Tutorial :How do languages like C# and Java avoid C/C++-like independent compilation?


For my programming languages class, I'm writing a research paper on some papers by some important people in the history of language design. One by CAR Hoare struck me as odd because it speaks against independent compilation techniques used in C and later C++ before C even became popular.

Since this is primarily an optimization to speed up compilation times, what is it about Java and C# that make them able to avoid reliance on independent compilation? Is it a compiler technique or are there elements of the language that facilitate this? And are there any other compiled languages that used these techniques before them?


Short answer: Java and C# don't avoid separate compilation; they make full use of it.

Where they differ is that they don't require the programmer to write a pair of separate header/implementation files when writing a reusable library. The user writes the definition of a class once, and the compiler extracts the information equivalent to the "header" from that single definition and includes it in the output file as "type metadata". So the output file (a .jar full of .class files in Java, or an .dll assembly in .NET-based languages) is a combination of binaries AND headers in a single package.

Then when another class is compiled and it depends on the first class, it can look at the metadata instead of having to find a separate include file.

It happens that they target a virtual machine rather than a specific chip architecture, but that's a separate issue; they could put x86 machine code in as the binary and still have the header-like metadata in the same file as well (this is in fact an option in .NET, albeit rarely used).

In C++ compilers it is common to try to speed up compilation by using "pre-compiled headers". The metadata in .NET .dll and .class files is much like a pre-compiled header - already parsed and indexed, ready for rapid look-ups.

The upshot is that in these modern languages, there is one way of doing modularization, and it has the characteristics of a perfectly organised and hand-optimised C++ modular build system - pretty nifty, speaking ASFAC++B.


IMO, one of the biggest factors here is that both java and .NET use intermediate languages; that means that the compiled unit (jar/assembly) contains, as a pre-requisite, a lot of expressive metadata about the types, methods, etc; meaning that it is already laid out conveniently for reference checking. The runtime still checks anyway, in case you are pulling a fast one ;-p

This isn't very far removed from the MIDL that underpins COM, although there the TLB is often a separate entity.

If I've misunderstood your meaning, please let me know...


You could consider a java .class file to be similar to a precompiled header file in C/C++. Essentially the .class file is the intermediate form that a C/C++ linker would need as well as all of the information contained in the header (Java just doesn't have a separate header).

Form your comment in another post:

"I'm basically meaning the idea in C/C++ that each source file is its own individual compilation unit. This doesn't as much seem to be the case in C# or Java."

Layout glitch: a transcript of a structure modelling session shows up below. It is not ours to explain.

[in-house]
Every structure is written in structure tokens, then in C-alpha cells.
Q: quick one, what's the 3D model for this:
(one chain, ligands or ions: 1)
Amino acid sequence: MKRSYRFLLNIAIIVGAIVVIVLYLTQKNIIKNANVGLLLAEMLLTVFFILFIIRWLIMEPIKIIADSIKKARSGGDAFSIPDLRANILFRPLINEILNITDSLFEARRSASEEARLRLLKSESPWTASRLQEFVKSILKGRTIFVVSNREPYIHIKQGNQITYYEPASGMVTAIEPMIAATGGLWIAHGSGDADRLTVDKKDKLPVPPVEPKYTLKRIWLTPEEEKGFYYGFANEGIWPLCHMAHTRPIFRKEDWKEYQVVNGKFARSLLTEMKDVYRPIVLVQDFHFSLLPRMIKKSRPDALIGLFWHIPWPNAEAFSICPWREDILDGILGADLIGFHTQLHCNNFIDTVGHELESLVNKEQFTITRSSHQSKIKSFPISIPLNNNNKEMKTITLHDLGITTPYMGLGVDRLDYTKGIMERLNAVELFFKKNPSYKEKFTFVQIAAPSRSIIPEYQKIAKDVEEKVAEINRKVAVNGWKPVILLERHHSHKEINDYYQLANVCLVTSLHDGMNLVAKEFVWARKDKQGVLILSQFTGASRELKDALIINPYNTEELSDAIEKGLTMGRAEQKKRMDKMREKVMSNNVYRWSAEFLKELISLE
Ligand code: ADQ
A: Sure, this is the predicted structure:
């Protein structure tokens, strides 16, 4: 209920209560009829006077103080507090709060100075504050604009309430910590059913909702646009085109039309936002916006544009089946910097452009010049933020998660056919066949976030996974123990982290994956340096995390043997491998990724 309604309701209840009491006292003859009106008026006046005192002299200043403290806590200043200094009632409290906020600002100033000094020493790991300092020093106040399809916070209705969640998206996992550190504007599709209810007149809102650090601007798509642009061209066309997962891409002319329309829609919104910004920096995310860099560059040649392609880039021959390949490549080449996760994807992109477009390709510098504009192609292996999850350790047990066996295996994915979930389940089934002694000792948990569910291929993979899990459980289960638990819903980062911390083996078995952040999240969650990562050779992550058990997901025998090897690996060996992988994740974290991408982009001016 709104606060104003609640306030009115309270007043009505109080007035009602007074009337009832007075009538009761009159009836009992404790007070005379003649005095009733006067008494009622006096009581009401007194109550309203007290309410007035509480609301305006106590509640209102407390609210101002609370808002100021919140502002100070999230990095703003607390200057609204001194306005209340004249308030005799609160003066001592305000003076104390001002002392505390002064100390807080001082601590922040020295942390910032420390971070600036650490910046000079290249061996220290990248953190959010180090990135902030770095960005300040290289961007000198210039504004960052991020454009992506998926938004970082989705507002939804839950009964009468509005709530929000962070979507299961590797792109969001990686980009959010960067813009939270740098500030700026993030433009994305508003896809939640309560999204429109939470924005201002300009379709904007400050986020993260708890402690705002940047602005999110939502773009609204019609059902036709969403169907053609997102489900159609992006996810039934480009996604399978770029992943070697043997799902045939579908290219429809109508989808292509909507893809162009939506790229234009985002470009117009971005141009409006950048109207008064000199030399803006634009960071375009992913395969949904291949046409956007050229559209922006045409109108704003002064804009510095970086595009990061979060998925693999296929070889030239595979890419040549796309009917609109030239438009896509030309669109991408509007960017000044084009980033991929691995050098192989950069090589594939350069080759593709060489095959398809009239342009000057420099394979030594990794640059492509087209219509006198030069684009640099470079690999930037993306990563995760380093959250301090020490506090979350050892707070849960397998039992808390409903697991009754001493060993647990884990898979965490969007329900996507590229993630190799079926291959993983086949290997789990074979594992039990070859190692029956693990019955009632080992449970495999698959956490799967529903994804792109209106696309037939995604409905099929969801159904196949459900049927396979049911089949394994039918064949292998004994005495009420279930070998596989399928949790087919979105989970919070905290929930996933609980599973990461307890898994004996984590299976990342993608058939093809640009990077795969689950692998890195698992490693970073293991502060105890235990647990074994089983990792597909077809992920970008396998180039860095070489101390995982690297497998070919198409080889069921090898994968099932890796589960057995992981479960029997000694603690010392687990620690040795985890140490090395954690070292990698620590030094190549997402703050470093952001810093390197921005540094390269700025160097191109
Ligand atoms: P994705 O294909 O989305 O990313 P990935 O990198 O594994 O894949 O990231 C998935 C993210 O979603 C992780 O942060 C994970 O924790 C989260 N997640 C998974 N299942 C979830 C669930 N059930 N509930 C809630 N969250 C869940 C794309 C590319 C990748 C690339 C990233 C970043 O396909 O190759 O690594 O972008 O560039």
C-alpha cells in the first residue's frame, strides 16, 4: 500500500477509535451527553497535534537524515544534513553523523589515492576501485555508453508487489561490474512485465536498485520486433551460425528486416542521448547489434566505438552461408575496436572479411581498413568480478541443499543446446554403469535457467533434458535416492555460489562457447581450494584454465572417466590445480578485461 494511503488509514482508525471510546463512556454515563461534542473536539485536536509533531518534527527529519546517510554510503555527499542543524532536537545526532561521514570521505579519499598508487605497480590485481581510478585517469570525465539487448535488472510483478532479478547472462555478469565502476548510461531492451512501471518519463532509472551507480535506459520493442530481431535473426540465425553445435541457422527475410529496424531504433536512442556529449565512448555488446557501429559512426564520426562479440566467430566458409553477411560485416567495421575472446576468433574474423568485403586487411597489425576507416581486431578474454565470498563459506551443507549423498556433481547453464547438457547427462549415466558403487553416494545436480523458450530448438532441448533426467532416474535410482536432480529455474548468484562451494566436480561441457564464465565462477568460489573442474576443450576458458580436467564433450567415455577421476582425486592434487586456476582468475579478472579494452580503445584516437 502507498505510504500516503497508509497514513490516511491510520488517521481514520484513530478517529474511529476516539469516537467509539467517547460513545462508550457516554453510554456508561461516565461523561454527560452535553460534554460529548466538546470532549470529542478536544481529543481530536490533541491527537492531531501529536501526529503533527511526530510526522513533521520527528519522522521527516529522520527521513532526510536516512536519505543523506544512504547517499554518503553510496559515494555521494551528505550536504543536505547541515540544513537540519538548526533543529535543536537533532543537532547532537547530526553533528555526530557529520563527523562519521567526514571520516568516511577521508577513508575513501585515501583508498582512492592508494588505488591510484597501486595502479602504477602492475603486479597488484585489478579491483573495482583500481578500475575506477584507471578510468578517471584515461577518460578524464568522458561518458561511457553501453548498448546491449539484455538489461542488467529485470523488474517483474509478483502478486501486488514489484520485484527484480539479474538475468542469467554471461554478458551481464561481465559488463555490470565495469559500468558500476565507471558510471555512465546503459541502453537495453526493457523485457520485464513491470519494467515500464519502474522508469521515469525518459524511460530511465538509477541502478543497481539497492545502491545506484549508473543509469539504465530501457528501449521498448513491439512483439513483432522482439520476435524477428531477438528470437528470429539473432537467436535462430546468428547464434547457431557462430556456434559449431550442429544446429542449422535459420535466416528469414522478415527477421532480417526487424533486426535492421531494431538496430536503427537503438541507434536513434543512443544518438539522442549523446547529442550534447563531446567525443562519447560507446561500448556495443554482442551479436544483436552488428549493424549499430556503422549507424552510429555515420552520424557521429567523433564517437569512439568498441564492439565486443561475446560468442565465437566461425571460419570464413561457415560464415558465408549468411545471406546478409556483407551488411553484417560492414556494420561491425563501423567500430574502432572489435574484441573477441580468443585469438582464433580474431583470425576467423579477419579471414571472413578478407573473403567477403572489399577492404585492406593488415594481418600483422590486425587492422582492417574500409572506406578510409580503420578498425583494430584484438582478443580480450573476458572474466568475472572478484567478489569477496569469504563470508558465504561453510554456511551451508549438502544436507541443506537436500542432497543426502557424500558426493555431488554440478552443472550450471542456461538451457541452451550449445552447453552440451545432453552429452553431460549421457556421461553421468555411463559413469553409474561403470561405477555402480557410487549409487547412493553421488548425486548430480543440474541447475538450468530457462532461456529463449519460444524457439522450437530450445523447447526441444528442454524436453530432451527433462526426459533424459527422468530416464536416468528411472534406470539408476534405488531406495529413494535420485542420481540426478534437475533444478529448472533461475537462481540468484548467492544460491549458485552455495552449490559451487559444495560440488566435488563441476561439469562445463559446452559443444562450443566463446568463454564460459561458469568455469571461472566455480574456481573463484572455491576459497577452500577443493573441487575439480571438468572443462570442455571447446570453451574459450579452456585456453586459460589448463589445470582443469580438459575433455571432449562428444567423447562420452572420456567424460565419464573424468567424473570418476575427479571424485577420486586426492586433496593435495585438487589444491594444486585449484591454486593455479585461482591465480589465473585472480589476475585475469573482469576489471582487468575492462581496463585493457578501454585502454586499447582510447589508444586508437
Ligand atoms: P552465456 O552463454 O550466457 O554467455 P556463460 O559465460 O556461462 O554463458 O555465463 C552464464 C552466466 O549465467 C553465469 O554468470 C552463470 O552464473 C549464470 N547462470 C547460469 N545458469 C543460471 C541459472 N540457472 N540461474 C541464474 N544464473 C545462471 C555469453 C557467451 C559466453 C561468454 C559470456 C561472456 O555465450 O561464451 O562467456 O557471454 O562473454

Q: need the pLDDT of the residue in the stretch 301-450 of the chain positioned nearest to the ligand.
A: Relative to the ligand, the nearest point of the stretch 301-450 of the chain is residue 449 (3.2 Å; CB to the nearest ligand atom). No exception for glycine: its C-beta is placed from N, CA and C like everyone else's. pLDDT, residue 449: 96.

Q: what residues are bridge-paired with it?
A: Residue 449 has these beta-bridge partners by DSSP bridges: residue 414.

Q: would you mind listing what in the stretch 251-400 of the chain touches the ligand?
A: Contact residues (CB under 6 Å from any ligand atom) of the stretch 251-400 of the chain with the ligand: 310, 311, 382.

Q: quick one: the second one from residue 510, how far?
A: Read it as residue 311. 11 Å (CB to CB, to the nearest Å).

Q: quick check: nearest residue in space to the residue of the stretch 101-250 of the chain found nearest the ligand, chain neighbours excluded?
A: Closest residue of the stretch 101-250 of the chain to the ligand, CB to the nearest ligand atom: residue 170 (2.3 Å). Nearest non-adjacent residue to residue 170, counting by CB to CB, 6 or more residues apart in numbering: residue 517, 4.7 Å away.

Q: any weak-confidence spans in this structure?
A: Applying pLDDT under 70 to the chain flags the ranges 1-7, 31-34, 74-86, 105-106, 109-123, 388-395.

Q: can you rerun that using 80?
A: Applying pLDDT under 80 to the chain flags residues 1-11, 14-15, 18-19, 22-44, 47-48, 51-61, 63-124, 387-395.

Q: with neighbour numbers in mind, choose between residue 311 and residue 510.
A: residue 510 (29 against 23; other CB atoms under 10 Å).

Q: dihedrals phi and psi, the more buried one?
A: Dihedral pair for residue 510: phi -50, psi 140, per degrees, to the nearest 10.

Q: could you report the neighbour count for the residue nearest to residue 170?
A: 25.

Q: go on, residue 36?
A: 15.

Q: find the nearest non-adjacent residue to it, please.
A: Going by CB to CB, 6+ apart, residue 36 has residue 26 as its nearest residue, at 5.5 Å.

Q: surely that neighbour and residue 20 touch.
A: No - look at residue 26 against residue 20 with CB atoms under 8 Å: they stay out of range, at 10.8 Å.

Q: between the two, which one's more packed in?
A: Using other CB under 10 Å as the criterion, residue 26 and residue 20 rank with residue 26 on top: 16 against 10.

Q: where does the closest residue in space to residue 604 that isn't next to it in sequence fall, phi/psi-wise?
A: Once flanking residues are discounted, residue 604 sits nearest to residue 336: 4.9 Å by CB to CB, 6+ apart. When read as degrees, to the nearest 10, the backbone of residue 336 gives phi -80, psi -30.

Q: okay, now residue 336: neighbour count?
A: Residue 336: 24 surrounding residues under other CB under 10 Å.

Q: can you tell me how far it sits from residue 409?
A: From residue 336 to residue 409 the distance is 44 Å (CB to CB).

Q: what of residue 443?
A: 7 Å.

In Java (I cannot speak for C#, but I assume it is the same) each source file is its own individual compilation unit. I am not sure why you would think it is not... perhaps we have different definitions of compilation unit?


It requires some language support (otherwise, C/C++ compilers would do it too)

In particular, it requires that the compiler generates self-contained modules, which expose metadata that other modules can reference to call into them.

.NET assemblies are a straightforward example. All the files in a project are compiled together, generating one dll. This dll can be queried by .NET to determine which types it contains, so that other assemblies can call functions defined in it.

And to make use of this, it must be legal in the language to reference other modules.

In C++, what defines the boundary of a module? The language specifies that the compiler only considers data in its current compilation unit (.cpp file + included headers). There is no mechanism for specifying "I'd like to call function Foo in module Bar, even though I don't have the prototype or anything for it at compile-time". The only mechanism you have for sharing type information between files is with #includes.

There is a proposal to add a module system to C++, but it won't be in C++0x. Last I saw, the plan was to consider it for a TR1 after 0x is out.

(It's worth mentioning that the #include system in C/C++ was originally used because it'd speed up compilation. Back in the 70's, it allowed the compiler to process the code in a simple linear scan. It didn't have to build syntax trees or other such "advanced" features. Today, the tables have turned and it's become a huge bottleneck, both in terms of usability and compilation speed.)


The object files generated by a C/C++ are ment to be read only by the linker, not by the compiler.


As to other languages: IIRC Turbo Pascal had "units" which you could use without having any source code. I think the point is to create metadata along with compiled code which can then be used by the compiler to figure out the interface to the module (i.e. signatures of functions, class layout etc.)

One problem with C/C++ which prevents just replacing #include with some kind of #import is also the preprocessor, which can completely change the meaning/syntax etc of included/imported modules. This would be very difficult (if not impossible) with a Java-like module system.

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